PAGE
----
Payroll employment grew 227,000 in February, exceeding expectations of 210,000. This is the third consecutive monthly gain over 200,000. The private sector continued to drive job growth in February with widespread gains across sectors. The unemployment rate remained unchanged from January at 8.3%.

Past reports were revised upward as well, with January’s growth revised to 284,000 from 243,000 and December’s growth revised to 223,000 from 203,000.

ABA’s chief economist James Chessen commented, “There’s now slow steady march forward. Businesses are gaining confidence and realizing that existing staffing isn’t enough to meet the expected demand as the economy grows.”

February’s employment gains were broad based, across the private sector, which added 233,000 jobs. The service industry continued to see the largest gains, adding 203,000 jobs while the goods producing sector added 24,000 jobs.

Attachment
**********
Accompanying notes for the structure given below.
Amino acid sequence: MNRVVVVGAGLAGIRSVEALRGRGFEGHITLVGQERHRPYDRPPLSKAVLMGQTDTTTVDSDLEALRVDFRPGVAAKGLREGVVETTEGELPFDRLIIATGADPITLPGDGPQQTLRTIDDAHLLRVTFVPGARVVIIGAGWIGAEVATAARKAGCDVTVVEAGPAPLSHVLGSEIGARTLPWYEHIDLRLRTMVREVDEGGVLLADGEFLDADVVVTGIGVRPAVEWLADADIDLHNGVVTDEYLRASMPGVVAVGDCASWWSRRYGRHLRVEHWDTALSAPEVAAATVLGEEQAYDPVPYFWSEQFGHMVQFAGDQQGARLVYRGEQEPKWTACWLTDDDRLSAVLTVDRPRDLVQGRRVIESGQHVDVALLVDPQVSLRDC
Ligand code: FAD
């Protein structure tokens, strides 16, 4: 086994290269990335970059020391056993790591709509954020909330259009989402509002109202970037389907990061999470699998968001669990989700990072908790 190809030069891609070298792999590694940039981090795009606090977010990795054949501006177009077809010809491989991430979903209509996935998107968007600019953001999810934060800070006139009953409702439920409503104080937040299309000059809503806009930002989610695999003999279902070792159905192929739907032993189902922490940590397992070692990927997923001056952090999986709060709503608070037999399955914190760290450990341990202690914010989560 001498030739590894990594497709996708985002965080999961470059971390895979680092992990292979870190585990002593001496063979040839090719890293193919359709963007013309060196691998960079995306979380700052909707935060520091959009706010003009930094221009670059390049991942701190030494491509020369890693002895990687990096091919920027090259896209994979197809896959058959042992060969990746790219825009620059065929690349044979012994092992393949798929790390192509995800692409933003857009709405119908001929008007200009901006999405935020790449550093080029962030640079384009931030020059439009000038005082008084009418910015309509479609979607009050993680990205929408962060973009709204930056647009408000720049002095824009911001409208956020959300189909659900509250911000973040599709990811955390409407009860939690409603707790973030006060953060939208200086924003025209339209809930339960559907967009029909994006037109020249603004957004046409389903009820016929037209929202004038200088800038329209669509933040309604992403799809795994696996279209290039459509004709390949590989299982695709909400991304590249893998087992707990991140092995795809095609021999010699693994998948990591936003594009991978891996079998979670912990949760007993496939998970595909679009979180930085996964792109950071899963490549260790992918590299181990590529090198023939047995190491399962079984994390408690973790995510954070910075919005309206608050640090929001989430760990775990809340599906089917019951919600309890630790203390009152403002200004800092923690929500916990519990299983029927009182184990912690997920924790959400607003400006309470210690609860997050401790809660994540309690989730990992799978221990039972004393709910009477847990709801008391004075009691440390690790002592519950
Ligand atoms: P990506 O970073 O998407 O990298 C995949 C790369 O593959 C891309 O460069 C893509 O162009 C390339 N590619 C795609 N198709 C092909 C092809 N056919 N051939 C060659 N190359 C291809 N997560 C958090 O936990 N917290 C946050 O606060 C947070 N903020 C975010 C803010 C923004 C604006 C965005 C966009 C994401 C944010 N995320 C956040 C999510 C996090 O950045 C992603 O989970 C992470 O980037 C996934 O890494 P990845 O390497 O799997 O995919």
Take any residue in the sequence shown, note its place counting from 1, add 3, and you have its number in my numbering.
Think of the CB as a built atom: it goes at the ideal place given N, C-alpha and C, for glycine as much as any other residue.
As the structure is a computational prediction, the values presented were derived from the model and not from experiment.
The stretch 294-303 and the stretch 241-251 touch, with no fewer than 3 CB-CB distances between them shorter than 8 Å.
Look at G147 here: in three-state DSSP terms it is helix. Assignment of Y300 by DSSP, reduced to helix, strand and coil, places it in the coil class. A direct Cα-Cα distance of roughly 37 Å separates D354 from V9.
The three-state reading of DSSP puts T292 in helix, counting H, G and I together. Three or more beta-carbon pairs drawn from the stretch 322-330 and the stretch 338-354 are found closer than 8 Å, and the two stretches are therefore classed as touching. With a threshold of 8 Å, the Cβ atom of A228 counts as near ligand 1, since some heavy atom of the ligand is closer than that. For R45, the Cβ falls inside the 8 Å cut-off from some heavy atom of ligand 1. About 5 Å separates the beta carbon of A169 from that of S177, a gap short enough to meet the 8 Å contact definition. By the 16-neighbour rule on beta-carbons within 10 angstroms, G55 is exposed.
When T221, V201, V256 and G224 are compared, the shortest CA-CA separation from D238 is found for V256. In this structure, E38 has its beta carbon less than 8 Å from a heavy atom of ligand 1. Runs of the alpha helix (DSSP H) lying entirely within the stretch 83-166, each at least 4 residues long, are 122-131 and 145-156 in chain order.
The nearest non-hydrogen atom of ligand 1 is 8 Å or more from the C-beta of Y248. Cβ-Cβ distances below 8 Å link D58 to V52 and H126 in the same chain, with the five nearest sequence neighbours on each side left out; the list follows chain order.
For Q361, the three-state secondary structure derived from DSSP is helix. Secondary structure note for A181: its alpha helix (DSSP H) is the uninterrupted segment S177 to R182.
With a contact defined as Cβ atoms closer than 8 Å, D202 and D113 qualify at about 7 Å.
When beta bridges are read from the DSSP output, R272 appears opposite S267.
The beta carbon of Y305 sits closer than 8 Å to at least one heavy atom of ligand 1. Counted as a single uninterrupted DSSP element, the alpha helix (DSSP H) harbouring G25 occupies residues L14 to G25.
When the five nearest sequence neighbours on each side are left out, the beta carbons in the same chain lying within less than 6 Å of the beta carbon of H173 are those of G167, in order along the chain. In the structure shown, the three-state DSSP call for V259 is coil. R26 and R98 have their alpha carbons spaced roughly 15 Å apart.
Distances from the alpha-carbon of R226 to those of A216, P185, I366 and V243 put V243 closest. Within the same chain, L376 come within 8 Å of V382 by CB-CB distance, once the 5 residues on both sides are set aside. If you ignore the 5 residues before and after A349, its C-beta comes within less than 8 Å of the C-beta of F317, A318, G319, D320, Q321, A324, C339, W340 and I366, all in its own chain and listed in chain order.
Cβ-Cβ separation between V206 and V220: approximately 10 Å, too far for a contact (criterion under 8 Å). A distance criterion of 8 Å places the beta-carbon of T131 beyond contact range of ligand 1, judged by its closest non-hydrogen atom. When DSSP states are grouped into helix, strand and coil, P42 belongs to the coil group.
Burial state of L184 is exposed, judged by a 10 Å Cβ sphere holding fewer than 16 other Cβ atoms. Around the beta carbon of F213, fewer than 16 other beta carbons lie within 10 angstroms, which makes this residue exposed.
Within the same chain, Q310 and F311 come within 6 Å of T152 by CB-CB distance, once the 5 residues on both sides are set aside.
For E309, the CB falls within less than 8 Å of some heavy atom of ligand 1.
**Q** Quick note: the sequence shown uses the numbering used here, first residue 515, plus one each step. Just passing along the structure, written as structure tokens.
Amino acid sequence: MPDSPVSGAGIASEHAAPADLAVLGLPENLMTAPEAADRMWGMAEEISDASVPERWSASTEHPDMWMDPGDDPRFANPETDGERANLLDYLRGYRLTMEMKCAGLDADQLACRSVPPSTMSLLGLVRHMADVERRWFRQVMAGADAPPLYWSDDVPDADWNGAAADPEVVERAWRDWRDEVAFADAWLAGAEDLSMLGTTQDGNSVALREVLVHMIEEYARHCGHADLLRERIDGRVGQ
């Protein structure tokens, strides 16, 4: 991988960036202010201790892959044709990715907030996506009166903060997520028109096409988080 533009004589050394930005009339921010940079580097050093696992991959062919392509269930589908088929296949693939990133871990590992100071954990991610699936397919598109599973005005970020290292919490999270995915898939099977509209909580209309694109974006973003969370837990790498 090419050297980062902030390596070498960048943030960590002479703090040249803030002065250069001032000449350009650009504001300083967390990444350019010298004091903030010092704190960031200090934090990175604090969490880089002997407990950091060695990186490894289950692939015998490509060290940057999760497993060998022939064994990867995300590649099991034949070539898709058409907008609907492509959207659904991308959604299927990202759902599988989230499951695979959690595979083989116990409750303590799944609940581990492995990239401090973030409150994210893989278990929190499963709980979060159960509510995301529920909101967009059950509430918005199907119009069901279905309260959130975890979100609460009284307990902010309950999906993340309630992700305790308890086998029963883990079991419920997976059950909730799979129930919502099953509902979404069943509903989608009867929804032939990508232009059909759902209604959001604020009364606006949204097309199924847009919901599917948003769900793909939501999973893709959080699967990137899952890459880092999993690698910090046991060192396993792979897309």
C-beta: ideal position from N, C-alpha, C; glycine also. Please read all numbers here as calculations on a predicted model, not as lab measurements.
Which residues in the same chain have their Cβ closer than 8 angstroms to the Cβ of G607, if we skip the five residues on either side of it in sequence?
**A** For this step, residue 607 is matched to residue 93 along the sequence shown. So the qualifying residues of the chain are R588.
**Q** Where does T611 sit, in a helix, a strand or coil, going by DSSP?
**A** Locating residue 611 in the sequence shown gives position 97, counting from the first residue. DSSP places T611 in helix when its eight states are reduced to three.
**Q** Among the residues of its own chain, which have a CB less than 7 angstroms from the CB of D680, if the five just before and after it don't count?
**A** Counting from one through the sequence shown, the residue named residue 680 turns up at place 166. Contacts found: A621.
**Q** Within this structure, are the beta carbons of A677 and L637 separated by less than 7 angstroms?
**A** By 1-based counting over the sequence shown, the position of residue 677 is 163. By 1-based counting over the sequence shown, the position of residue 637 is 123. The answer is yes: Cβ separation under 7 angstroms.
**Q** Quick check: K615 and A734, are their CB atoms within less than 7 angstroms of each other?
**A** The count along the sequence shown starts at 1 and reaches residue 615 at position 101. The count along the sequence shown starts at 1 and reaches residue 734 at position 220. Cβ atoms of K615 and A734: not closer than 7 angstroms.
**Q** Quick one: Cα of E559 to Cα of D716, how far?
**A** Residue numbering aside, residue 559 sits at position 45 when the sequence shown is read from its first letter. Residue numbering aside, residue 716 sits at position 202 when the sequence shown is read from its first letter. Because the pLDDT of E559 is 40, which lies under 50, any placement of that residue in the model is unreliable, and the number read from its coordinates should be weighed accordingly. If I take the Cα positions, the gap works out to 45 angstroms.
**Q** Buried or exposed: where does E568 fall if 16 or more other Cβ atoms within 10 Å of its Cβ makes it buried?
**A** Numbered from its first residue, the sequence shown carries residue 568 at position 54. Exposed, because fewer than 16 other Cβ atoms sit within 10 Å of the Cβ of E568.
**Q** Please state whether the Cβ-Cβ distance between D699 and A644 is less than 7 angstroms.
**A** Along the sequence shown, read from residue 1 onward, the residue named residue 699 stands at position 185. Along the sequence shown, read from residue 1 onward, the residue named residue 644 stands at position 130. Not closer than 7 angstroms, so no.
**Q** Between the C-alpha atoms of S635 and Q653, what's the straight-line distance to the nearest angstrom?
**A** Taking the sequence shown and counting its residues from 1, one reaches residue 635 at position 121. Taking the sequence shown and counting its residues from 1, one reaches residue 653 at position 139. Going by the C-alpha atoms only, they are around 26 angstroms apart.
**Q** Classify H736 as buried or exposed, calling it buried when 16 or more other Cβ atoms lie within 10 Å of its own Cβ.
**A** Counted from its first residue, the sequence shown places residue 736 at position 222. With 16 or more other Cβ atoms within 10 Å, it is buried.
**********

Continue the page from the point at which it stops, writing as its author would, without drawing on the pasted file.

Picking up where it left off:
Specific industries seeing the largest boost in February were the professional and business services, education and healthcare, and leisure and hospitality. Professional and business services added 82,000 jobs. The education and healthcare sectors added 71,000 jobs, with healthcare expanding 61,000. The leisure and hospitality sector added 44,000.

Government continues to drag on growth, shedding 6,000 jobs in February.

The unemployment rate remained unchanged at 8.3% in February, as increases in the labor force were balanced by increases in household employment. The labor force participation rate increased slightly to 63.9% in February.